How flashy is this Dolemite motherfucker? He dresses up just to get naked. 

But when he’s dressed oh boy is Dolemite ever dressed. Judging from the outfits he favors us with, most of Dolemite’s tiny budget went to pay for hats, bow-ties and capes. Dolemite’s “girls” are all scantily clad as advertising but also because all of the fabric in town has been used to make Dolemite’s outfits. If the clothes make the man then this Dolemite is one bad motherfucker. 

Look at this dude being all lame and white!

Look at this dude being all lame and white!

In Dolemite the way too old Moore is a fascinating, utterly unique combination of unlikely sex god/weirdly paternalistic great uncle type. Instead of taking their money or strong-arming the appreciative and adoring working girls in his employ, you half-expect him to ask them about their classes, give them some walking-around money, hand them some butterscotch candy and remind them to eat.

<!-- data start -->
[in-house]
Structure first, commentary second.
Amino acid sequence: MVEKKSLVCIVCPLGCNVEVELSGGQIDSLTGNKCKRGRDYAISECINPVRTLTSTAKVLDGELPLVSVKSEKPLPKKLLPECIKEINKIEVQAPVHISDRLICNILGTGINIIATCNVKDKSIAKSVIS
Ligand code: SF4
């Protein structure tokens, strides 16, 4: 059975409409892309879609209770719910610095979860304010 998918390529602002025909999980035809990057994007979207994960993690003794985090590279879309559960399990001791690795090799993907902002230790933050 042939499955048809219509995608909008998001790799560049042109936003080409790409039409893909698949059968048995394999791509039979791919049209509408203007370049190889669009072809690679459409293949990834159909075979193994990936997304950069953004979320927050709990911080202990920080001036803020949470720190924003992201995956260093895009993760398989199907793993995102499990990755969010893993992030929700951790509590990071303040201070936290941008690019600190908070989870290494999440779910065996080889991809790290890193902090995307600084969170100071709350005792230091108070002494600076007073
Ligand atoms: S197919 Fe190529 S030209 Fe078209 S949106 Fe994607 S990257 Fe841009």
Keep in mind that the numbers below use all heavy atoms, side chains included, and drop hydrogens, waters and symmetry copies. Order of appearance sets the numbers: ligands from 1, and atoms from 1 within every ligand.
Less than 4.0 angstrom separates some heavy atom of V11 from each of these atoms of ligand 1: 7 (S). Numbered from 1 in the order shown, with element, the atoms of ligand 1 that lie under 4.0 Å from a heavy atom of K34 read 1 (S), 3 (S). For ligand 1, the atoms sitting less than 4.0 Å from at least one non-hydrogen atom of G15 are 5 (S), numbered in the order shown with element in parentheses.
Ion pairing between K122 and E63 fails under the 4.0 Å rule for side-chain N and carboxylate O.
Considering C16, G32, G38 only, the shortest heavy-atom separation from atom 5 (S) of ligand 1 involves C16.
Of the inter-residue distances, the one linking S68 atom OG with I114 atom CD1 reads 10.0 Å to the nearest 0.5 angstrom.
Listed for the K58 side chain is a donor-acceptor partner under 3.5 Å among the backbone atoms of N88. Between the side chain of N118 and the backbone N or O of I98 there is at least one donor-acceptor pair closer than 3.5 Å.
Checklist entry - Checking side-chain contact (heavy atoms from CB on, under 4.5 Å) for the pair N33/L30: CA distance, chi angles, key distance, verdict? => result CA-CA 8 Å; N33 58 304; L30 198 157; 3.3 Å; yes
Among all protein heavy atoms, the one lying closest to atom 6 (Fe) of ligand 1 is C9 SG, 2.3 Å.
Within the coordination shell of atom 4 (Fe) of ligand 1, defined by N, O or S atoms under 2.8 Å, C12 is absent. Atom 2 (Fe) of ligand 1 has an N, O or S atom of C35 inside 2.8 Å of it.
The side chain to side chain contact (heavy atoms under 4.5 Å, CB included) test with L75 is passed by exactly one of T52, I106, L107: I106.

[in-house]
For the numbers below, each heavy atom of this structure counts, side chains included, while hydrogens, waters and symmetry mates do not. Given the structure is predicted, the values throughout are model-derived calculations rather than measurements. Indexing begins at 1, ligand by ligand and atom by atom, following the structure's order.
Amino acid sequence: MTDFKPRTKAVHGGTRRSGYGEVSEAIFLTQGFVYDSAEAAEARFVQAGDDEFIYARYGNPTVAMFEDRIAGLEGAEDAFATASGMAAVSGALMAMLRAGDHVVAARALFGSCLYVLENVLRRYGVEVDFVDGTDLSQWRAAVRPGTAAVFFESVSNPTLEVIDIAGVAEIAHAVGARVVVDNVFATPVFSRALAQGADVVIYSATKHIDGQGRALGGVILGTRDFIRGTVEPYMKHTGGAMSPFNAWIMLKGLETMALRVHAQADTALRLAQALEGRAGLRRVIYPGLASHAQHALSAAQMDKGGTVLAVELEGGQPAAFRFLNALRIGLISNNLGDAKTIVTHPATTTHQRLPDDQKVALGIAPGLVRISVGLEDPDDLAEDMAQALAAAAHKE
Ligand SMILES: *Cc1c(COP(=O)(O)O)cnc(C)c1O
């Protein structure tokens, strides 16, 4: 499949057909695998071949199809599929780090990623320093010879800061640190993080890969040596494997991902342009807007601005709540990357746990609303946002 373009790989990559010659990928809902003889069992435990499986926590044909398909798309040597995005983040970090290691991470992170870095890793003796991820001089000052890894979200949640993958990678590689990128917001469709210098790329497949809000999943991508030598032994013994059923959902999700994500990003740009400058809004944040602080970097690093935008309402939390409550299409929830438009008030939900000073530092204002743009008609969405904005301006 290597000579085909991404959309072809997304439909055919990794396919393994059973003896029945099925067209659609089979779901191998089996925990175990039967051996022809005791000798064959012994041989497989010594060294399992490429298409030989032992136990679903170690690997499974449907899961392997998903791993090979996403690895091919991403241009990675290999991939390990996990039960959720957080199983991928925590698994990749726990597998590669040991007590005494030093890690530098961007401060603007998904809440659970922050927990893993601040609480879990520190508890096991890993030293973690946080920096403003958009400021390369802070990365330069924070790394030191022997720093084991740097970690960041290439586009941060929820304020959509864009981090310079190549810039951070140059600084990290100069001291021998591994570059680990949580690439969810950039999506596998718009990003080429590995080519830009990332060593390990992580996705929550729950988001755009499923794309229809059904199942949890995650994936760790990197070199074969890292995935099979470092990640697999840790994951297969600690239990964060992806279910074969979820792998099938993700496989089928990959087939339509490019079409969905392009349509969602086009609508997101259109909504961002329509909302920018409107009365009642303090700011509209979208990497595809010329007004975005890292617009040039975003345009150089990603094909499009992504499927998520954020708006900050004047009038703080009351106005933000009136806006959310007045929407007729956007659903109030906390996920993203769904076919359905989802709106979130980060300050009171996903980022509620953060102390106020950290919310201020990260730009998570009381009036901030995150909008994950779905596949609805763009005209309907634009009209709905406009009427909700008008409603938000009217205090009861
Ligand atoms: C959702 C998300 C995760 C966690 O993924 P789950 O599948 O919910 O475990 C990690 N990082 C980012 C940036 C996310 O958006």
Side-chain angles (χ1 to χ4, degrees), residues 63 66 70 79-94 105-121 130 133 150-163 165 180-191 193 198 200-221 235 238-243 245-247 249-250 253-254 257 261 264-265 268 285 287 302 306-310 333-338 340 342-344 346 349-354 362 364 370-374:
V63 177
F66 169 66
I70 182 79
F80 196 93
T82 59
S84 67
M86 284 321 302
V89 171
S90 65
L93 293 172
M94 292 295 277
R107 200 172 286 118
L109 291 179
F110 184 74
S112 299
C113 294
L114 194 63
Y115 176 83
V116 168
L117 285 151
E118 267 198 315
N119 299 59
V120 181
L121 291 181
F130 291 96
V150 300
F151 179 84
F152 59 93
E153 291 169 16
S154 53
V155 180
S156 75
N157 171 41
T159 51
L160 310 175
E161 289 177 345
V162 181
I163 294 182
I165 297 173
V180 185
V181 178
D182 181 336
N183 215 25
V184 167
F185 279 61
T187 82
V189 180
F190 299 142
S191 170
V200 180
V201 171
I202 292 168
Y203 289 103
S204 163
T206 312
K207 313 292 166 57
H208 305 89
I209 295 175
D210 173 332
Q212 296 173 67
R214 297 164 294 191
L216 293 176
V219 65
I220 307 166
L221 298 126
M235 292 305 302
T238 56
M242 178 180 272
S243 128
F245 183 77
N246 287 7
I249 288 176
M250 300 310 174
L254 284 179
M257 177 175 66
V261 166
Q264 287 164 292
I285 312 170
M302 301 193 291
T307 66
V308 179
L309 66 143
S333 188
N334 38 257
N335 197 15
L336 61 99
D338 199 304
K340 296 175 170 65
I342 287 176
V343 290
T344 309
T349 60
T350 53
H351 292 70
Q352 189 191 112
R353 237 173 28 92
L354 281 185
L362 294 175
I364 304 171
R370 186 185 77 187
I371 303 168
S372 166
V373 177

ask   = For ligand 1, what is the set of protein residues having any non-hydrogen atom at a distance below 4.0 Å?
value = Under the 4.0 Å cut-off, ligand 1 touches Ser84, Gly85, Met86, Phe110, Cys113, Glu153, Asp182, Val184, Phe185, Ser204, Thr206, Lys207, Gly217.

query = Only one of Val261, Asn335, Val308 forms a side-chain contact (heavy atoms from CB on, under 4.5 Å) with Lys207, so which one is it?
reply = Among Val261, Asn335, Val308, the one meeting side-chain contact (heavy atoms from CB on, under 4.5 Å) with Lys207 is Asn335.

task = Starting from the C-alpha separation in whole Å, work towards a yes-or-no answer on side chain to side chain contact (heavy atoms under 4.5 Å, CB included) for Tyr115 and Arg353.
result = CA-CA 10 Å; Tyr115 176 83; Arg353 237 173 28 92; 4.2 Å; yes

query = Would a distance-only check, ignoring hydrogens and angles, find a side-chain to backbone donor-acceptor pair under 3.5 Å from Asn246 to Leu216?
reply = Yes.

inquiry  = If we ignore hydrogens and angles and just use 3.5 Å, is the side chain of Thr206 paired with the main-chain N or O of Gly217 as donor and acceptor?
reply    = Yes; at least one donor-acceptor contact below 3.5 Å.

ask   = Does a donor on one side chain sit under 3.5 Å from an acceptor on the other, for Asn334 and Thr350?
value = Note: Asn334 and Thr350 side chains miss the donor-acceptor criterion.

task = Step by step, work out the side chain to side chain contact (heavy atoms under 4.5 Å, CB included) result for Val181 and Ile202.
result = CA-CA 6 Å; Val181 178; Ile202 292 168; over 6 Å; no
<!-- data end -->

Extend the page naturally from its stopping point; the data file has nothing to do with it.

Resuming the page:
In Dolemite the corrupt establishment shamefully separates Dolemite from the prostitutes that need him and his wisdom, as well as his sweet, sweet loving, for two years on some old bullshit. Many stables would fall apart in the absence of a pimp like Dolemite but Dolemite raised his girls to be stronger than that, to be women of character and substance, not just women of the night. So they heroically sublimated their blinding, all-consuming lust for Dolemite, lover, protector, savior, everything, into learning karate and becoming a fearsome force of karate-chopping badass prostitutes. 

That’s the crazy thing about Moore as a preposterous, wonderfully unlikely movie star: he was at once an outrageous outlaw figure, a bawdy, womanizing, sex god pimp, player and hustler and an oddly wholesome figure, a guy who might be on the wrong side of the law or into some shady shit but was invariably on the side of good. He may have the devil’s flash (one of his outsized outlaw anti-heroes was even related to the big red guy through marriage) but he was on the side of the angels and STRONGLY against the angel dust-ah.